Saturday, January 24, 2009

The Hot & Cold Hyakumeizan challenge (8)


Travelogue continued: over a cup of green tea, we ask what kind of a book is Nihon Hyakumeizan anyway ...

December 1, Tokyo: deep in the concrete badlands of Akasaka, I’m sipping tea with two executives from a publishing company. They are sympathetic but, no, they can’t take on Project Hyakumeizan’s English version of Japan’s most famous mountain book.

Several publishers in English-speaking countries have also taken a look at “One Hundred Mountains of Japan”. One complained that it contained “too many obscure Japanese place names”. A more serious objection is that the book doesn’t fit into any single category, although it’s mixed from equal portions of travel, adventure, and literary essay.

In Japan, bookshops have solved that problem, if it is one, by giving the book a whole shelf – for Hyakumeizan itself and all its many spin-offs. Up to 20,000 copies of the original Japanese book are sold every year, more than four decades after it first appeared.

But the potential publishers of the English version have raised a serious question. What kind of book is this anyway? If pressed for an answer, one might turn to the Ontake chapter:

The more deeply you go into a long-held tradition, the more secrets and surprises it yields up. Mighty Ontake is like that. The mountain's inexhaustible treasury of riches is like some endless storybook with its pages uncut. As one follows the rambling plot along, one is always looking forward to reading more. Every page yields things never found in other books. Ontake is that kind of mountain.

Nihon Hyakumeizan is that kind of book.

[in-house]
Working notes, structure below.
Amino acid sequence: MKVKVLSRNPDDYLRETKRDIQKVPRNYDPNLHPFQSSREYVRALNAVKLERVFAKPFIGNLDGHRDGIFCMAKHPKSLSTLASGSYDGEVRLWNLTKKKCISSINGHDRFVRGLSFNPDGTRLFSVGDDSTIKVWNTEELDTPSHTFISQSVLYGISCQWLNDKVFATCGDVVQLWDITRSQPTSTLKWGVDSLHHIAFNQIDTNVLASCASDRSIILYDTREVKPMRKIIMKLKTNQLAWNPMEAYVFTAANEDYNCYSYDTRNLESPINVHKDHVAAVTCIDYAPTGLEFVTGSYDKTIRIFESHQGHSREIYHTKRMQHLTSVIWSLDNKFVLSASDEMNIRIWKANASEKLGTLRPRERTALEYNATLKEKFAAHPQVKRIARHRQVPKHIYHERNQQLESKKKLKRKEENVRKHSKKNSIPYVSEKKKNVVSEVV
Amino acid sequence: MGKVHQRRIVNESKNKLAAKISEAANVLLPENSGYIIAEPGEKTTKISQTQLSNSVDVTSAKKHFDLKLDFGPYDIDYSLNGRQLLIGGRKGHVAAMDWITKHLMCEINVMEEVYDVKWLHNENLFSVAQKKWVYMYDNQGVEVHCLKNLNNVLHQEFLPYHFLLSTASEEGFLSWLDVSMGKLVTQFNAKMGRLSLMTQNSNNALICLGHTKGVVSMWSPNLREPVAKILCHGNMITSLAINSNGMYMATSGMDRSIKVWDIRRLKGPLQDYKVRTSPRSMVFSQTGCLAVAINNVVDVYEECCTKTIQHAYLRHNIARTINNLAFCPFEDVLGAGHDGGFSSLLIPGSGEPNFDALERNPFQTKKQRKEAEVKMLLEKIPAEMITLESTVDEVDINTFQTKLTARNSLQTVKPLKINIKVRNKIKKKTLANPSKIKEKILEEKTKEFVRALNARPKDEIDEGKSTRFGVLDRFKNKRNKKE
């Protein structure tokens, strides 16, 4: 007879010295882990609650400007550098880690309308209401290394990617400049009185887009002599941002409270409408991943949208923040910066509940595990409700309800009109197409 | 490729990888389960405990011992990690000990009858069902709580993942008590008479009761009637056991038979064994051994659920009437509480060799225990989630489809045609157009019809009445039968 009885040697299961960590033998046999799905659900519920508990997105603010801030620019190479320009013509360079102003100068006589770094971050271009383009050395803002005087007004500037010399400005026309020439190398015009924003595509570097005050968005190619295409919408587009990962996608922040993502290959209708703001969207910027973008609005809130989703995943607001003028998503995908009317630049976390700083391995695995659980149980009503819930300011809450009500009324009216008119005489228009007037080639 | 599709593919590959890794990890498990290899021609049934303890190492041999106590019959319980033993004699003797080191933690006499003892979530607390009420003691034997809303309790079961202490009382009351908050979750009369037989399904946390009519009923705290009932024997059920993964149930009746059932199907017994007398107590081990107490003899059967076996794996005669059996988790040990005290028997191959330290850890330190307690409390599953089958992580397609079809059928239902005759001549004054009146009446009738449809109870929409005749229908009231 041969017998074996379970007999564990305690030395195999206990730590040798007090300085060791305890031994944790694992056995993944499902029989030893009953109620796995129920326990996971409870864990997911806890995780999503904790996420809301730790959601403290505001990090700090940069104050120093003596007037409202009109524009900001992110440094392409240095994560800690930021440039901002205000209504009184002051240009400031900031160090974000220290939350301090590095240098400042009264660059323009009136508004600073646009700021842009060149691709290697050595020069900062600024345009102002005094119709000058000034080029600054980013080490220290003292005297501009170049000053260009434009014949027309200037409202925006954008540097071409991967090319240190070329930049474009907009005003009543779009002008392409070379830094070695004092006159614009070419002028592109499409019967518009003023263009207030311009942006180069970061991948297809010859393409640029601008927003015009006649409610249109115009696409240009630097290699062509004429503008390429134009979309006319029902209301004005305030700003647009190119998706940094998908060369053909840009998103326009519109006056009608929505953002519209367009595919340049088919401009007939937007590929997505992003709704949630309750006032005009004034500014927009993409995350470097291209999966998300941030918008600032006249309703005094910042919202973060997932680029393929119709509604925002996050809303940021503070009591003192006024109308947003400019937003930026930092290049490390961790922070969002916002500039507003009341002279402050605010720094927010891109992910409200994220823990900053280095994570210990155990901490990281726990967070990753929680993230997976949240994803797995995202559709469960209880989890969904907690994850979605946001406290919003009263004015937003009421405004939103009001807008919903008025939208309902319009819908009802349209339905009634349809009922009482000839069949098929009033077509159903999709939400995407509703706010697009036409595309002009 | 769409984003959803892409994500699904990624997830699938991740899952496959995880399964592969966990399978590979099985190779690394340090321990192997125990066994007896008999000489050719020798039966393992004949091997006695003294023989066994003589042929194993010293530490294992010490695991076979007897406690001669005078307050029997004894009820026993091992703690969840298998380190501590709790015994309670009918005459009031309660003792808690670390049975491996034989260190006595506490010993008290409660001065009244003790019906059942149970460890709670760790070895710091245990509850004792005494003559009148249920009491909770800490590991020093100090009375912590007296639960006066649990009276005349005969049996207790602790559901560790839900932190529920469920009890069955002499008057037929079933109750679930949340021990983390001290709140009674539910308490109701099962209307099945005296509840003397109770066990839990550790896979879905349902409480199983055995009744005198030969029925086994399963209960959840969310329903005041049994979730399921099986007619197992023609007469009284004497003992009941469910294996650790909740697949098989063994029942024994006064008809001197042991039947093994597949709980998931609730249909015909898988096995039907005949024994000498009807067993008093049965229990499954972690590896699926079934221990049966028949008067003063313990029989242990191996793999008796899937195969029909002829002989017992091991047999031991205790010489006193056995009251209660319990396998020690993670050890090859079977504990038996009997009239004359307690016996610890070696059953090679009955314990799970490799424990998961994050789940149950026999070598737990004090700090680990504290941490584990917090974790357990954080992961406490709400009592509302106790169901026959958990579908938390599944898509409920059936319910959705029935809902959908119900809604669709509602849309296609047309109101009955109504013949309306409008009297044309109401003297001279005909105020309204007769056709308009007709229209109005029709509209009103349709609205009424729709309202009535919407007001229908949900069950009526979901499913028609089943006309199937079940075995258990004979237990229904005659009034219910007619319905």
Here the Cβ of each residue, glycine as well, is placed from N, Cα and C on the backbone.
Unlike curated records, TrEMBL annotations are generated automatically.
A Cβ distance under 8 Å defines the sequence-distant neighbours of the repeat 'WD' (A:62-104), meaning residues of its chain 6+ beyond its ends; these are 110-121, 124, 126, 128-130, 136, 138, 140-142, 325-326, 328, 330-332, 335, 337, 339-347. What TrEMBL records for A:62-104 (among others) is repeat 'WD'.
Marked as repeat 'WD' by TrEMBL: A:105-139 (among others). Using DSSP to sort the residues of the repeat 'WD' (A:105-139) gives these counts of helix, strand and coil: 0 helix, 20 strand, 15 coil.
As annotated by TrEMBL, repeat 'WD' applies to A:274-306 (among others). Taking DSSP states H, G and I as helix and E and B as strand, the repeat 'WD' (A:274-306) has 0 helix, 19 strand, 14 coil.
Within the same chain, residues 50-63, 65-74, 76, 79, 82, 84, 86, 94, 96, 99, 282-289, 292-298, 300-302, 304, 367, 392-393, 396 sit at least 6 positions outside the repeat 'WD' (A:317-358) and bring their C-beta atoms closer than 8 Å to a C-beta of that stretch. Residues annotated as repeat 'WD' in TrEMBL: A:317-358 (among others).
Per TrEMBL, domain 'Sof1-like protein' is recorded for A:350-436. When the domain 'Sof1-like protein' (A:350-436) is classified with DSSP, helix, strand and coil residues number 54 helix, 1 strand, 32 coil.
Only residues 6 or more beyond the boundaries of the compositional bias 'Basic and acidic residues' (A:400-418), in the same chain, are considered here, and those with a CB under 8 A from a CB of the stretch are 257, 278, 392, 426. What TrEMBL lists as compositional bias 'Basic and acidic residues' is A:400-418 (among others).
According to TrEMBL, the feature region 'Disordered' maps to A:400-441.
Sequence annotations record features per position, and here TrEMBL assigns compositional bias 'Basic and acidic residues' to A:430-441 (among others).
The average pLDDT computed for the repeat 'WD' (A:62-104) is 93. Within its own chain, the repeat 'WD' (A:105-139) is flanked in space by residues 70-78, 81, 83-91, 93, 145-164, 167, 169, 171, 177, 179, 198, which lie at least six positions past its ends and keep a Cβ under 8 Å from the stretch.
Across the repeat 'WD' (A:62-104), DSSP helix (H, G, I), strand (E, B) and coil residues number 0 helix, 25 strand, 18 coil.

References

The Hakusan chapter of “One Hundred Mountains of Japan”

13 comments:

Anonymous said...

I like this analogy. I hope publishers in English-speaking countries will understand this philosophy. It's a pity if they don't understand. They could earn a lot of money. 20,000 copies being sold in Japan every year!

Tom said...

They must be convinced! Wishing you the best of luck Captain! Plus my Japanese is nowhere near the level necessary to read the original... I'm desperately waiting!

Wes said...

too bad you can't combine the original and translation into one book, but I'd guess it'd end upm being over 400 pages!

hanameizan said...

Chatting to an elderly hiker at the top of a peak last weekend, I mentioned your book. He immediately replied there would be many Japanese who would want to read it in English. Keep persevering!

Chris (i-cjw.com) said...

Oddly, Hanameizan, I had just the same revelation last night. If just 10% of the annual readership of the Japanese version would like to read it in English, then you have a pretty solid run-rate. It would certainly do more for the state of English literacy in Japan than Harry Potter....

Project Hyakumeizan said...

Dear friends and fellow Hyakumeizan fans - thanks for your solidarity and support. We will try to get the book out of the door this year....

Tom said...